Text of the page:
related pages: photo gallery of bourbons
Roses that held their cupped shape and didn't open
completely were very fashionable in the late 1800's. Helen van Pelt Wilson and Leonie Bell describe
Reine Victoria and her sport, Mme. Pierre Oger in The Fragrant Year:
breeding: Labruyère/Schwartz, 1872
photographed by Daphne Filiberti in her garden
"These two are the epitome of globular perfection and resemble the shell flowers made by Victorian ladies. Neither
fades in the ususal way but flushes deeper at petal edges until a week-old flower glows flame-rose as though lit from
within. This intensifying of color is characteristic of China Roses but never so fascinating as in these Dowager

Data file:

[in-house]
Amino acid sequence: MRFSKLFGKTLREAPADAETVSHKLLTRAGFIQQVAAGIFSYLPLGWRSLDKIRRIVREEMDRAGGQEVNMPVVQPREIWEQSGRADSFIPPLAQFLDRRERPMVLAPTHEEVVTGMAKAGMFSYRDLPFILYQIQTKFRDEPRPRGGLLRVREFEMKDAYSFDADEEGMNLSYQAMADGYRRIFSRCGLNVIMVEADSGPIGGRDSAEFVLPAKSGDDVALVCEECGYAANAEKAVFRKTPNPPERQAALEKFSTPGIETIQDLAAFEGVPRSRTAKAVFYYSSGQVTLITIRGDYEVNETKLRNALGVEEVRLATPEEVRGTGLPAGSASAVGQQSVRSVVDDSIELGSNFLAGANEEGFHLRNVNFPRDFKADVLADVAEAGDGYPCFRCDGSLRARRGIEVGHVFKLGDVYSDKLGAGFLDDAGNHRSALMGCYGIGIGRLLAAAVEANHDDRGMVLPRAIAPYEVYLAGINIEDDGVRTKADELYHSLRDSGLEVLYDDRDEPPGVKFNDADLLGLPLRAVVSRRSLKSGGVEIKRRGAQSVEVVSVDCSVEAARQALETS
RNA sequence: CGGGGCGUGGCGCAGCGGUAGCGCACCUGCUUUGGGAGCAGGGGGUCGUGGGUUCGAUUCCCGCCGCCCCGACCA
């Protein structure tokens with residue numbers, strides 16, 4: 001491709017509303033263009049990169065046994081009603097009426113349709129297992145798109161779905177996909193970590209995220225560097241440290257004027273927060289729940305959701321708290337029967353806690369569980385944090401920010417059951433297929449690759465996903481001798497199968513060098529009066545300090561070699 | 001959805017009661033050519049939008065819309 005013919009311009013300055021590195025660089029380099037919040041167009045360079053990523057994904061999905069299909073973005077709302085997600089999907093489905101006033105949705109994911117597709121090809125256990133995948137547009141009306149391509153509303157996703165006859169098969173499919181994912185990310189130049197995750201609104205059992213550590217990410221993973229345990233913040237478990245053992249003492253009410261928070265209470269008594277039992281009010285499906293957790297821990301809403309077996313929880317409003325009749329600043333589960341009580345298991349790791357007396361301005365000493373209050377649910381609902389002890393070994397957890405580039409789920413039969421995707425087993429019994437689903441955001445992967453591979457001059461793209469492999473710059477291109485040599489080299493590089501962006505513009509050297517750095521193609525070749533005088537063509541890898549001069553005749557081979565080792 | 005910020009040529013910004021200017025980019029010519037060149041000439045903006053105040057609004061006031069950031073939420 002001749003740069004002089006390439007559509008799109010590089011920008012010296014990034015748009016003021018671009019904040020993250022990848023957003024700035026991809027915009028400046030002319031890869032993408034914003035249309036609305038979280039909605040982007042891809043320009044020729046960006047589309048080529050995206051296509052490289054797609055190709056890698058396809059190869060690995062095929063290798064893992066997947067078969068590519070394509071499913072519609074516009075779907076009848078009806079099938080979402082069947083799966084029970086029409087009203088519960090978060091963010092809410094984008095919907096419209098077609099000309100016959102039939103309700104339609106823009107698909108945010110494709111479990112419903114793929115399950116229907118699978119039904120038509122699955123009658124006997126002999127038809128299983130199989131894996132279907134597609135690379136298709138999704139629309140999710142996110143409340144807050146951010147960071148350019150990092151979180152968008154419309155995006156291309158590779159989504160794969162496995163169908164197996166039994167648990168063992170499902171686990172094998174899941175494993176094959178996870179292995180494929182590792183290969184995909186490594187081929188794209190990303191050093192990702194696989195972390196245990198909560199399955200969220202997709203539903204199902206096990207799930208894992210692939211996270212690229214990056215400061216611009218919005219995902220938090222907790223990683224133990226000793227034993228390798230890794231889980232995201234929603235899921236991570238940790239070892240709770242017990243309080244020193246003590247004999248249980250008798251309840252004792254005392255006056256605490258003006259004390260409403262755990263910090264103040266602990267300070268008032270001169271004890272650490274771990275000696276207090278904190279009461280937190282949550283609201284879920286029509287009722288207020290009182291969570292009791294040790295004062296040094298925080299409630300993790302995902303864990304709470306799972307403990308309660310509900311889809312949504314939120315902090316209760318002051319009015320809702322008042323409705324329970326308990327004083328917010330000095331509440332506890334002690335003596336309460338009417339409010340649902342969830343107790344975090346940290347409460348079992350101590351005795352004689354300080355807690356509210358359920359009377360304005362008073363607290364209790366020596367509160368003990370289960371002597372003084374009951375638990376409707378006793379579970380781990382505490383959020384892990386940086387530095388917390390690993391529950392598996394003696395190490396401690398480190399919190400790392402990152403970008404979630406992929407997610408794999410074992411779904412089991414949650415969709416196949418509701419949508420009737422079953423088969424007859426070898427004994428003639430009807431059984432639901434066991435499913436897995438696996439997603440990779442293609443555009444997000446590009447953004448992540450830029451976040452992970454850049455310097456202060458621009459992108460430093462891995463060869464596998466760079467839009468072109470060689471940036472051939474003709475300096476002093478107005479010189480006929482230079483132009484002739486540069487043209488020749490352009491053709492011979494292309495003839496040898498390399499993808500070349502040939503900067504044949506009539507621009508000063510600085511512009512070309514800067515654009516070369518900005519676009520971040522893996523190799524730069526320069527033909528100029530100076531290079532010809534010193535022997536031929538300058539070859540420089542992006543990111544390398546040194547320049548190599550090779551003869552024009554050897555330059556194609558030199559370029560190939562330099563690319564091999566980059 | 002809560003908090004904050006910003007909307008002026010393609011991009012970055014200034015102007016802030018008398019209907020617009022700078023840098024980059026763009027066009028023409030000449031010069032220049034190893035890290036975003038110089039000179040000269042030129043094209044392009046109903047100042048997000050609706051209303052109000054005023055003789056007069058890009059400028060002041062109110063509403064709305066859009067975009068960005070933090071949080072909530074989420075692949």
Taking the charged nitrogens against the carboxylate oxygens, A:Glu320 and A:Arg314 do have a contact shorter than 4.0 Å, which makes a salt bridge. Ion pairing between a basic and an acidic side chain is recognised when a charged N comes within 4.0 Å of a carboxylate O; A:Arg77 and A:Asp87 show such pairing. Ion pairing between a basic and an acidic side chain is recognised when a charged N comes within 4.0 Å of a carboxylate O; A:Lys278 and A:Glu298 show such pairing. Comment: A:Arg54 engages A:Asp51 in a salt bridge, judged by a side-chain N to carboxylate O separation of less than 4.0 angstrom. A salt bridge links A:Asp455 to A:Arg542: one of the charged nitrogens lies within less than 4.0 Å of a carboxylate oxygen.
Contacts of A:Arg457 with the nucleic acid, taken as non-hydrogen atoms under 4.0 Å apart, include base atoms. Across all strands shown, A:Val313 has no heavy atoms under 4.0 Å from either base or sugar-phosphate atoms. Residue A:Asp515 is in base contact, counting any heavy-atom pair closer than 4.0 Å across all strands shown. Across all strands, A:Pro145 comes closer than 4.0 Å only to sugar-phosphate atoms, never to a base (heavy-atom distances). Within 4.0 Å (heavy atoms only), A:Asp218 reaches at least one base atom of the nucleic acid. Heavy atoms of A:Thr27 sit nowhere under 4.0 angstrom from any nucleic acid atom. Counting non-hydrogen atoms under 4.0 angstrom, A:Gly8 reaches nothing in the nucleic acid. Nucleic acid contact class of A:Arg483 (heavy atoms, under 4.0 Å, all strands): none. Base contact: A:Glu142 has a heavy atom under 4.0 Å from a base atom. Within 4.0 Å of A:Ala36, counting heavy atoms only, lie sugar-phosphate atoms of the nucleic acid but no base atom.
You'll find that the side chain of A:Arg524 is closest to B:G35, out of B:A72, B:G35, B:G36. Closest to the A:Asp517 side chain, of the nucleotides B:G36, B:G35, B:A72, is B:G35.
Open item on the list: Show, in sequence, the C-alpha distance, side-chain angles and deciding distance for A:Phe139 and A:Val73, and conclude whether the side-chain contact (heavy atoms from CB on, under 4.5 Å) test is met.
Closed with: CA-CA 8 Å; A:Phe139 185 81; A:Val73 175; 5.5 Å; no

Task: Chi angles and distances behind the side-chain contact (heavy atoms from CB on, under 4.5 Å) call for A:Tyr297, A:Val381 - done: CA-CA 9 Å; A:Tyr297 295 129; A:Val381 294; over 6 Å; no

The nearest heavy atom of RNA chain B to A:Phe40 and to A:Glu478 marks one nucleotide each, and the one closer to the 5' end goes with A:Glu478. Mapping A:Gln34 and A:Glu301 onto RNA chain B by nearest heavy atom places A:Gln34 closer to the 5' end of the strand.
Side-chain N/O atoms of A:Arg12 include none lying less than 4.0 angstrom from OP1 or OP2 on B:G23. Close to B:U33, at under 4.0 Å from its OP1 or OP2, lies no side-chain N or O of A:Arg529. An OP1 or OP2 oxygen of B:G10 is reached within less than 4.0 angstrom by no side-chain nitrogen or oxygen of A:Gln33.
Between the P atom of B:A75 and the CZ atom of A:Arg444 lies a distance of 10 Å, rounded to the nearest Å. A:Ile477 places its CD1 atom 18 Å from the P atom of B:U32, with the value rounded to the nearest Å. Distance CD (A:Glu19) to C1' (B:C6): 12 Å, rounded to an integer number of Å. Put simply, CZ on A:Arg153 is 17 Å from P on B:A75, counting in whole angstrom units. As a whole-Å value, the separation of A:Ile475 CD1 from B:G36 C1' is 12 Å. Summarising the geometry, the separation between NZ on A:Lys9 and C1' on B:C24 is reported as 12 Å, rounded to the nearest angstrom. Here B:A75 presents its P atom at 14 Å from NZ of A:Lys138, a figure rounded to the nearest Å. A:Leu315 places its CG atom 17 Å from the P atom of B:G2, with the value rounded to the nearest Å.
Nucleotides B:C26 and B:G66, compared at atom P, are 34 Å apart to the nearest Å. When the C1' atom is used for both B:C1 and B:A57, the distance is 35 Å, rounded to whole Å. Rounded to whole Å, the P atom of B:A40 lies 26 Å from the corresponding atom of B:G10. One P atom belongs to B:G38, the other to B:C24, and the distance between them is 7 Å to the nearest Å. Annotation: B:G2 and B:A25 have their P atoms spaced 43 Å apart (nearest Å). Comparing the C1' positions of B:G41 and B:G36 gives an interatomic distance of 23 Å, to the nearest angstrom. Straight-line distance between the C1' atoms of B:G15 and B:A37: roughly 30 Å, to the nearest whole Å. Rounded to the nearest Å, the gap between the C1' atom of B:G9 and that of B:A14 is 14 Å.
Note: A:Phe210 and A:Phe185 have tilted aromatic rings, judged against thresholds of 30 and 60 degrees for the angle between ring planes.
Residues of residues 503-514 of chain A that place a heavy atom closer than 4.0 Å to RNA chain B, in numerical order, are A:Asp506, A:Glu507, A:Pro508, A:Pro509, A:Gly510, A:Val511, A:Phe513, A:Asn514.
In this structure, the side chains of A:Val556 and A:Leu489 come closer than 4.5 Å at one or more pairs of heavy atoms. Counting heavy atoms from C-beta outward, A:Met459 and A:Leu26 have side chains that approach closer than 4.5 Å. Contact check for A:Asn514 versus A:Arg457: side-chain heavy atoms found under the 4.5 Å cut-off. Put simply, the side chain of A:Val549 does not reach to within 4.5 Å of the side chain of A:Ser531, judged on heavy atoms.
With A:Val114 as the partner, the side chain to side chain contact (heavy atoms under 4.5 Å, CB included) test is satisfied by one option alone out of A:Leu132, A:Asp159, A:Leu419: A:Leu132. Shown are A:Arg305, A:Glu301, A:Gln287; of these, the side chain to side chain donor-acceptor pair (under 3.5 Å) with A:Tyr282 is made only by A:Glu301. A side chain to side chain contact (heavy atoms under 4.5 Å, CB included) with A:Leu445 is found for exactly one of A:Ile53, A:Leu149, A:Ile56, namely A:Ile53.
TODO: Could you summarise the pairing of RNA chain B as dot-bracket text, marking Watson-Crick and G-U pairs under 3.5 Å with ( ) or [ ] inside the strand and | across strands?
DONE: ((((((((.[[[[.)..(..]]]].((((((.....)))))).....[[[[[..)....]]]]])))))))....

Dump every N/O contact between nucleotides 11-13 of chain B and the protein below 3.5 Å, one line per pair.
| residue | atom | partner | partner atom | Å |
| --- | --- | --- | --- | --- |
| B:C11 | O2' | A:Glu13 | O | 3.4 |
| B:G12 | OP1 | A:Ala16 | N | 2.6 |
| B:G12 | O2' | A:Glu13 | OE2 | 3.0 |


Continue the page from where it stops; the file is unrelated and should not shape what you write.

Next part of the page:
Reine Victoria has been in my garden for a year now, and has bloomed and grown almost non-stop.
The flowers are very fine. The soft scent is of Damask and fruit, noticeably pears. The rose has reached about eight feet,
and is trained as a small climber. I have heard that the rose looks wonderful when trained on an obelisk. Apparently the rose's
true name is Reine Victoria and the 'La' was added at a later date. The roses benefits from a spot in the garden with good air
circulation and good soil; they can develop blackspot.
©2000-2005 Daphne Filiberti